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Pattaya Daily News

09 May 2007 :: 11:05:14 am 30844

Clinton Supports Developing Nations’ Drug Patent-Busting

Former US President Bill Clinton is the latest international heavyweight to put his influence behind the fight by developing countries to acquire desperately needed anti-retroviral drugs without having to pay prices that ex-President Clinton described as "exorbitant," despite contrary claims by the pharmaceutical companies that the prices charged are reasonable.
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Mr. Clinton said that he backed Thailand and Brazil in their recent decisions to award compulsory licenses to generic brands of anti-HIV/AIDS drugs, Thailand’s Health Minister, Mongkol Na Songkhla, claimed on Wednesday. “I strongly support the position of the governments of Thailand and Brazil and their decision after futile negotiations to break these patents,” Clinton reportedly stated.

Thailand is in an anomalous position as, despite being a developing nation, it is ranked as being a middle-income country and doesn’t qualify fully for international medical aid. Currently in Thailand, 9 Thai national die of Aids every hour, and 500 contract the condition everyday. Accordingly, since November, 2006, the Thai Government attempted to improvise in this crucial fight against HIV /AIDS.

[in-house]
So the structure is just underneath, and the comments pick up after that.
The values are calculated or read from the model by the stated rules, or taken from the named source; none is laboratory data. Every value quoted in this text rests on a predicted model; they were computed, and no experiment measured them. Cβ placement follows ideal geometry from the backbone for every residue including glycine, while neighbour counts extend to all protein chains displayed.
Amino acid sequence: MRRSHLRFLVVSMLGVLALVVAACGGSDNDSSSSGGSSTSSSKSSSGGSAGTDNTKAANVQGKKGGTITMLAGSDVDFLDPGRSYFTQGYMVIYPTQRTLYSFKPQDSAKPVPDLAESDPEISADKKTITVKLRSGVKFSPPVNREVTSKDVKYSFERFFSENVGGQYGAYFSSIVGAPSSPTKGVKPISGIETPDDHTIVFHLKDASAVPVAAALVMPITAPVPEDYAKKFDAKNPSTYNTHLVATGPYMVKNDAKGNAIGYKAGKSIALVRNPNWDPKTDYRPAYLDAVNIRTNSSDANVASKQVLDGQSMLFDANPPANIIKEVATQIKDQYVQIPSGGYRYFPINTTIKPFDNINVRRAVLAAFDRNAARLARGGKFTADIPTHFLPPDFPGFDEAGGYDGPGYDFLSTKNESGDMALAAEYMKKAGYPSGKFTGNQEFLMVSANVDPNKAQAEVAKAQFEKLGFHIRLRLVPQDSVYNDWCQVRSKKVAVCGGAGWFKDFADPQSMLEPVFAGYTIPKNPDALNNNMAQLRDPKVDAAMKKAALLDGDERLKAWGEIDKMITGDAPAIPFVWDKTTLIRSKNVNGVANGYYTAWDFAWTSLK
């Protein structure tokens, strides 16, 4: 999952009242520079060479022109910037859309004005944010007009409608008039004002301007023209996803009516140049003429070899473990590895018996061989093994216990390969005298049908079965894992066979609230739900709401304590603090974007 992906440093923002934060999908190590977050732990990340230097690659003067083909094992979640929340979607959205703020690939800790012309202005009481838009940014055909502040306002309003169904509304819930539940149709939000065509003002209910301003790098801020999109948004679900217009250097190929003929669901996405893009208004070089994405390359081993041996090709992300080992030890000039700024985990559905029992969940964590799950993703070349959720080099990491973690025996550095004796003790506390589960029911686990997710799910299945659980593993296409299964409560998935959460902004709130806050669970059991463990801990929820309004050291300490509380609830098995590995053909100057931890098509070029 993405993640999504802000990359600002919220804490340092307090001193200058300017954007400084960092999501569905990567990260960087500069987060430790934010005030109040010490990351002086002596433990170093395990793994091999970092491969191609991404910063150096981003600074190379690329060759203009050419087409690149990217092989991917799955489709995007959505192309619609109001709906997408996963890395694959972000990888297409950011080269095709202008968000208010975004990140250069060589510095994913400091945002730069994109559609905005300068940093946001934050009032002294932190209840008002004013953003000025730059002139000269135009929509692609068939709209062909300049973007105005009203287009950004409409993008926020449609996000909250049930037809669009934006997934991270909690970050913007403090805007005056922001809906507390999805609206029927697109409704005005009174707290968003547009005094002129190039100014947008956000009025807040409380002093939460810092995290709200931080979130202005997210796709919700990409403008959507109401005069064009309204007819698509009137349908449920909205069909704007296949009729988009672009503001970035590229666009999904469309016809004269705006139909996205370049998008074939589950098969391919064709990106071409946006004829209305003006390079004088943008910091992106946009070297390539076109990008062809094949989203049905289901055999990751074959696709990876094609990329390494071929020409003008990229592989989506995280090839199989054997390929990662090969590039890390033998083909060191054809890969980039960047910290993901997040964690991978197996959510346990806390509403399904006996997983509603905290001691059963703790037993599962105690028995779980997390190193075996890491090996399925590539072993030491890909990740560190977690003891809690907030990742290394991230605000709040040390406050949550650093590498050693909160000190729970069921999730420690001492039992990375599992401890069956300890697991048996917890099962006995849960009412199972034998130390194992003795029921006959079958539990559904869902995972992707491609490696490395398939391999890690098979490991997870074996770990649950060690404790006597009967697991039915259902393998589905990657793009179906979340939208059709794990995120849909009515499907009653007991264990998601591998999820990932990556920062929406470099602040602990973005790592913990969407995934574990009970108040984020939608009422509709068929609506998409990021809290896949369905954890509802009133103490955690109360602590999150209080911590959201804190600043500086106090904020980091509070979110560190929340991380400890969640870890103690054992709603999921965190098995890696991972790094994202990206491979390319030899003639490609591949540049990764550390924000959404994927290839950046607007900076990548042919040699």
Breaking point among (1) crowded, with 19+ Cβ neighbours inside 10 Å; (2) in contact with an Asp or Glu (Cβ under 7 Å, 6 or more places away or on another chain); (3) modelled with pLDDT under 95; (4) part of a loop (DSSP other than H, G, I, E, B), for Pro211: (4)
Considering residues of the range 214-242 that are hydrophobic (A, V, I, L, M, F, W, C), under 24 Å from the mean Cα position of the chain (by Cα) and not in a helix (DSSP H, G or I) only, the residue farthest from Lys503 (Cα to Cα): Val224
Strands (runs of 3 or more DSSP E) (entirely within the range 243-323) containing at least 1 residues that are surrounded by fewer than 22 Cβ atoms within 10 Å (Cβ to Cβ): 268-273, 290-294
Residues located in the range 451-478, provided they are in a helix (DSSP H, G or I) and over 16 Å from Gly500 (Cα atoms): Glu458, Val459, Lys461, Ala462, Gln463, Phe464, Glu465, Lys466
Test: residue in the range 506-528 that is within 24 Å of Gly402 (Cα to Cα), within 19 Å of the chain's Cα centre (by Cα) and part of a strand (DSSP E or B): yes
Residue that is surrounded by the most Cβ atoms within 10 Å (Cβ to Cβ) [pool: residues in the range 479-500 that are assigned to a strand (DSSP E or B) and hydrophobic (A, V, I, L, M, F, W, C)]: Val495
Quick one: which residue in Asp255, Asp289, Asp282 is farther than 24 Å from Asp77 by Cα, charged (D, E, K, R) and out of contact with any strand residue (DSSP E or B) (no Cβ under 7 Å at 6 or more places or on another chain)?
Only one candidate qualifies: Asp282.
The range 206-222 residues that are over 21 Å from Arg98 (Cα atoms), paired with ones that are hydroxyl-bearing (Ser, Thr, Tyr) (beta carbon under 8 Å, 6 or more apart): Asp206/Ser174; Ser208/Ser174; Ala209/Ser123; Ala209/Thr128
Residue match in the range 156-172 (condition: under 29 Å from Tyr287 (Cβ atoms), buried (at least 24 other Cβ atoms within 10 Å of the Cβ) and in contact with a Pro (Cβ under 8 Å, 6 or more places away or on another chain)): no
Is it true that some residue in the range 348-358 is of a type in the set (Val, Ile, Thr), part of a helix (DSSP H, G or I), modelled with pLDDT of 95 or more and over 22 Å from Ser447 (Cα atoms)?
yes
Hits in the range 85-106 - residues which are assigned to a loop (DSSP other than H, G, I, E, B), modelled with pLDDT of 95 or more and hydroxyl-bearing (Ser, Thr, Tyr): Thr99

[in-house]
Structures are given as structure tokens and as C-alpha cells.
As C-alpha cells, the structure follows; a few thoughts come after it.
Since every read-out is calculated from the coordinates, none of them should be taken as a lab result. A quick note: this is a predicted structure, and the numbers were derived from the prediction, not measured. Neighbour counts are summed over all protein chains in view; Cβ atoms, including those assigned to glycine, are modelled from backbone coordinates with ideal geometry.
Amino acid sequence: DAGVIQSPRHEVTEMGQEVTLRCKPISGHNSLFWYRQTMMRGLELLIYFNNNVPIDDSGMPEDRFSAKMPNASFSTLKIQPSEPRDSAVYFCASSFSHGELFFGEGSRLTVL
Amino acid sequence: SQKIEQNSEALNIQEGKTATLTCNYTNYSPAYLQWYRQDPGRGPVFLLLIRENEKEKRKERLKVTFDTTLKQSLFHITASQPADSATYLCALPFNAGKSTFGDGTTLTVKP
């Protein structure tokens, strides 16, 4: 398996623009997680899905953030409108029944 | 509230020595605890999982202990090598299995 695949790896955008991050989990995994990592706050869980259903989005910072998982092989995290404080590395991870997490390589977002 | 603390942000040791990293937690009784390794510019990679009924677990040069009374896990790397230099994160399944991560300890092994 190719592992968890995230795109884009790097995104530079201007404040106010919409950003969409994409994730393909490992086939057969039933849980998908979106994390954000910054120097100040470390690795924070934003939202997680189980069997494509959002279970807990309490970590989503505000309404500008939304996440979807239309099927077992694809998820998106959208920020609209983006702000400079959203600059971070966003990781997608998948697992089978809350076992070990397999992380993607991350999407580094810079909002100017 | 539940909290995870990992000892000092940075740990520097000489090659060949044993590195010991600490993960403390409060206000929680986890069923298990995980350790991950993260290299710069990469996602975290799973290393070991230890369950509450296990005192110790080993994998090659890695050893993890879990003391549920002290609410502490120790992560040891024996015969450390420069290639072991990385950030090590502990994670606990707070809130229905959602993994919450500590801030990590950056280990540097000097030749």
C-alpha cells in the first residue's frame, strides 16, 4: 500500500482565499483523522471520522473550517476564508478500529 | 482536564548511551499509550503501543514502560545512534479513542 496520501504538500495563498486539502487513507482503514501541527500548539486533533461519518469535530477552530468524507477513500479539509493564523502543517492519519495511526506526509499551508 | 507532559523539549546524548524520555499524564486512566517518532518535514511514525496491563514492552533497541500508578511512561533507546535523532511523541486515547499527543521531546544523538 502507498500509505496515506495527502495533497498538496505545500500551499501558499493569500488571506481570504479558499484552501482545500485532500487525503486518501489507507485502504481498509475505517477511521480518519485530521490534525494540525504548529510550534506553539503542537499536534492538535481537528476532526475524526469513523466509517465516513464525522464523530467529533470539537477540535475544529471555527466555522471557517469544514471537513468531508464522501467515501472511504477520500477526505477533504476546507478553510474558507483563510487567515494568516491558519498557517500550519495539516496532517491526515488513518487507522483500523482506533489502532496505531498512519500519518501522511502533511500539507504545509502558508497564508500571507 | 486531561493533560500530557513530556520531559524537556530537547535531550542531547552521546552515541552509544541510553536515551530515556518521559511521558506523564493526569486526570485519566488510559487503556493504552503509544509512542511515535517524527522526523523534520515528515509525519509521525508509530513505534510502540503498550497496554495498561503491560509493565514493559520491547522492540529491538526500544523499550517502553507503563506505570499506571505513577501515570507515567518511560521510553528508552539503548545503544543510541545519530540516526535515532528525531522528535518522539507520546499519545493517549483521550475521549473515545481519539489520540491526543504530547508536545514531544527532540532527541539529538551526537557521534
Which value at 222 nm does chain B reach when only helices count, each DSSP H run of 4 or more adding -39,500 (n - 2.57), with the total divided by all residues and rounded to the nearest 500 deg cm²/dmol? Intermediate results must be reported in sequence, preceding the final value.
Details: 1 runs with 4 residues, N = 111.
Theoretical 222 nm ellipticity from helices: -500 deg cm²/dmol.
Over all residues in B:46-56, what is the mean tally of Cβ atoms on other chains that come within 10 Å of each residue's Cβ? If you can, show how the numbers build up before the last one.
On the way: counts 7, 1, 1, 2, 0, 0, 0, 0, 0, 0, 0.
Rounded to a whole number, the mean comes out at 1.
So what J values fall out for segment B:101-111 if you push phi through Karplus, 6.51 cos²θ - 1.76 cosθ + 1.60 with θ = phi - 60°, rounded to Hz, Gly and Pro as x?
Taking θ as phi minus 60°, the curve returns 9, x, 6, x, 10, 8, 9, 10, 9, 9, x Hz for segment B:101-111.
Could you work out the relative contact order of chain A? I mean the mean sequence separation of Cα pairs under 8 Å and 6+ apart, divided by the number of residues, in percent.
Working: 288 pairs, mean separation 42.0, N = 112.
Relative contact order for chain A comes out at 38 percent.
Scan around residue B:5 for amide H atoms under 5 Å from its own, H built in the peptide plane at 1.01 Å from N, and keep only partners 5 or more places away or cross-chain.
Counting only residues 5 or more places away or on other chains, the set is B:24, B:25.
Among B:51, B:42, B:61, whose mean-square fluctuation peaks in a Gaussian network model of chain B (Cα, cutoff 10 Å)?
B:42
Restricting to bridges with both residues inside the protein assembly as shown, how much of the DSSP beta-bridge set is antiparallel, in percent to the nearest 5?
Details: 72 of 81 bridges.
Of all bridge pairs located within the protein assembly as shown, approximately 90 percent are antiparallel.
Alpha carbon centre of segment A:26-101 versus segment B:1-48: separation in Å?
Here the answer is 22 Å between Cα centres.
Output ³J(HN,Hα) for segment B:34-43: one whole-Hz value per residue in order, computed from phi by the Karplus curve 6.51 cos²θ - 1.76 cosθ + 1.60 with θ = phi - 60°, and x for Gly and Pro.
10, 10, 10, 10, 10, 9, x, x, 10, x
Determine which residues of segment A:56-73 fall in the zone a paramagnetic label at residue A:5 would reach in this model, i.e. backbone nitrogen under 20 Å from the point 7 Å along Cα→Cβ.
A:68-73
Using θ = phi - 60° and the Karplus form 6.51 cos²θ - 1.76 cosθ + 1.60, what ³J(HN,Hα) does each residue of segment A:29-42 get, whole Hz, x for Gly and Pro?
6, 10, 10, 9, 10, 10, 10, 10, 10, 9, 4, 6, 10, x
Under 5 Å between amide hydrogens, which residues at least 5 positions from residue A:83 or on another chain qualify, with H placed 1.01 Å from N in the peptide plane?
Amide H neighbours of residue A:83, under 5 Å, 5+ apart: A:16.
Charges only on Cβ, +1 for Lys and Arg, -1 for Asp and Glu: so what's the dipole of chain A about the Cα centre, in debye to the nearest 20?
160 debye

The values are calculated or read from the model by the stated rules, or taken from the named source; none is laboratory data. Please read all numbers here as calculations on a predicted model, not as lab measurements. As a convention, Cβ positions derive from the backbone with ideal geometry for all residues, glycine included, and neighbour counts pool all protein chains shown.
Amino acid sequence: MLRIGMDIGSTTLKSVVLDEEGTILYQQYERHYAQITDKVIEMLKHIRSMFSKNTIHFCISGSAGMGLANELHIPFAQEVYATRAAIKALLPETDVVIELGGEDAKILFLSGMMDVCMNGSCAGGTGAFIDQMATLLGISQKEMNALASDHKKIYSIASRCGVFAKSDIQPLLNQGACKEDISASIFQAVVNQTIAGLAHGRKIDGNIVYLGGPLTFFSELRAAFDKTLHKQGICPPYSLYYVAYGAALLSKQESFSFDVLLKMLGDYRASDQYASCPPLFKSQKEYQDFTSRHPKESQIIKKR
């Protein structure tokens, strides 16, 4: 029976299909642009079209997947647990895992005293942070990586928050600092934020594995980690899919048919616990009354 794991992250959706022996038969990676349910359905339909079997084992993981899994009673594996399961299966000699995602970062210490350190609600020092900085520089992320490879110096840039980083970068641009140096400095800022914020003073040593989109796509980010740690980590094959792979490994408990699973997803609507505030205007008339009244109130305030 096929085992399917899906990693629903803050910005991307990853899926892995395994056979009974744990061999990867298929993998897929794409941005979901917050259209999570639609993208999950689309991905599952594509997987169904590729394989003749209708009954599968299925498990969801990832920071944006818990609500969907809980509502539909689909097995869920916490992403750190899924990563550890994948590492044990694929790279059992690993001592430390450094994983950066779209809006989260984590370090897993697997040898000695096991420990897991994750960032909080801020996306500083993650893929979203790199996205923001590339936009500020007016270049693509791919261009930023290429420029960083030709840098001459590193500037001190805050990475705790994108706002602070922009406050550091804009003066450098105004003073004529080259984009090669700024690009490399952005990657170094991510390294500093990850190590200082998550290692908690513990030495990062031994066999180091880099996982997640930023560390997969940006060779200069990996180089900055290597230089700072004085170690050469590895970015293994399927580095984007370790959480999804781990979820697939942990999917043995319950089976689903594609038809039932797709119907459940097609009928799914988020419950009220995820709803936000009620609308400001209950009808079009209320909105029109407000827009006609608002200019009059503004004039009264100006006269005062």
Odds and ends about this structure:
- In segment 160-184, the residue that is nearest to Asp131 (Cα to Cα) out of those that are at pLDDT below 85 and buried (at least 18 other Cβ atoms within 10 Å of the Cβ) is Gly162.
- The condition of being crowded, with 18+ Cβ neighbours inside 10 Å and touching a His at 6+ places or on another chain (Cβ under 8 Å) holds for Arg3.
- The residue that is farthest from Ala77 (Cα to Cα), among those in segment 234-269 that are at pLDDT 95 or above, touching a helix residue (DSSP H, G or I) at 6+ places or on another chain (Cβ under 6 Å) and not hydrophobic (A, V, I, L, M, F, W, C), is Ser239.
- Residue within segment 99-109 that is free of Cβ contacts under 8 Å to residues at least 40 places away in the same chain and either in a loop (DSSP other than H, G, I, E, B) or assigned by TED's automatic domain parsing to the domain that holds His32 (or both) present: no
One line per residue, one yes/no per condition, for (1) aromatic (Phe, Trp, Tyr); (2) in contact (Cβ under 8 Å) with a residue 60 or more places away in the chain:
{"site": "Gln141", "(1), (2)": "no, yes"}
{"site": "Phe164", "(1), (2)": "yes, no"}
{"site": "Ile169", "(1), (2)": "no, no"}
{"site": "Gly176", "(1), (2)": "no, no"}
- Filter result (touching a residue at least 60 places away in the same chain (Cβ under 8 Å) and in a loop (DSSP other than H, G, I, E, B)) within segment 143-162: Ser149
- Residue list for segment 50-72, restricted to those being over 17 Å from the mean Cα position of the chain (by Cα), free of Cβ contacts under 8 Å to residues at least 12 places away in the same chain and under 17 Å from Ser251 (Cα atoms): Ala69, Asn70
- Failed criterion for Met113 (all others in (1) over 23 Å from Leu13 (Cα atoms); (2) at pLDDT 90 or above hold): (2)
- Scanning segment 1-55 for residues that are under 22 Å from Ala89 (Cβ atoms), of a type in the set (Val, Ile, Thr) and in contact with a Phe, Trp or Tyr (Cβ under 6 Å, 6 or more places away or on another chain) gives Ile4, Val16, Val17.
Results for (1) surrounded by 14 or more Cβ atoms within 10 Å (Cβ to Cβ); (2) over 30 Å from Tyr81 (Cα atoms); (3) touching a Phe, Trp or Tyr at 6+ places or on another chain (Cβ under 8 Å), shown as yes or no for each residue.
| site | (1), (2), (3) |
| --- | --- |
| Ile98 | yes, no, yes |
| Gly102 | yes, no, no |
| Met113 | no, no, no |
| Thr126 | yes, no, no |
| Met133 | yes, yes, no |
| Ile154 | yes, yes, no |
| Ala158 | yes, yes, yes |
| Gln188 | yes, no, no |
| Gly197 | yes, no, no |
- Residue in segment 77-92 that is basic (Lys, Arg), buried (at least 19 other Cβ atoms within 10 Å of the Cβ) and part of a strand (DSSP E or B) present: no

Thailand broke the patent on Efavirenz produced by US pharmaceutical company MerckSharp & Dohme, last November, and decided to follow suite for Kaletra, another anti-HIV/AIDS treatment made by US firm Abbott Laboratories, andPlavis, a blood-thinning drug made by Sanofi-Aventis, in January 2007.

Public Health Minister Mongkol Na Songkhla is currently in New York to to explain Thailand’s rationale in awarding compulsory licensing – a legal action to break patent protection allowed under World Trade Organization (WTO) rules. Mr. Mongkol also went to New York to sign an agreement with the Clinton Foundation and 16 other developing countries to arrange cheap bulk purchases of essential anti-retroviral drugs.

Apparently, Mr Clinton is involved in a deal with two Indian drugs firms to cheaply produce HIV/Aids drugs for 66 countries. The Clinton Foundation’s agreement will cut the cost of what are known as second line anti-retrovirals by 25-50%. Second line drugs are used when cheaper and earlier forms of treatment prove ineffectual. Mr Clinton says the prices of second-line treatments negotiated by his foundation will fall on average by 25 per cent in low-income countries and 50 per cent in middle-income countries.

  The pharmaceutical companies claim their high drug prices are driven by a need to sustain future innovation and recoup their huge investments in research and development of new drugs.

Reporter : PDN staff   Photo : Internet   Category : World News

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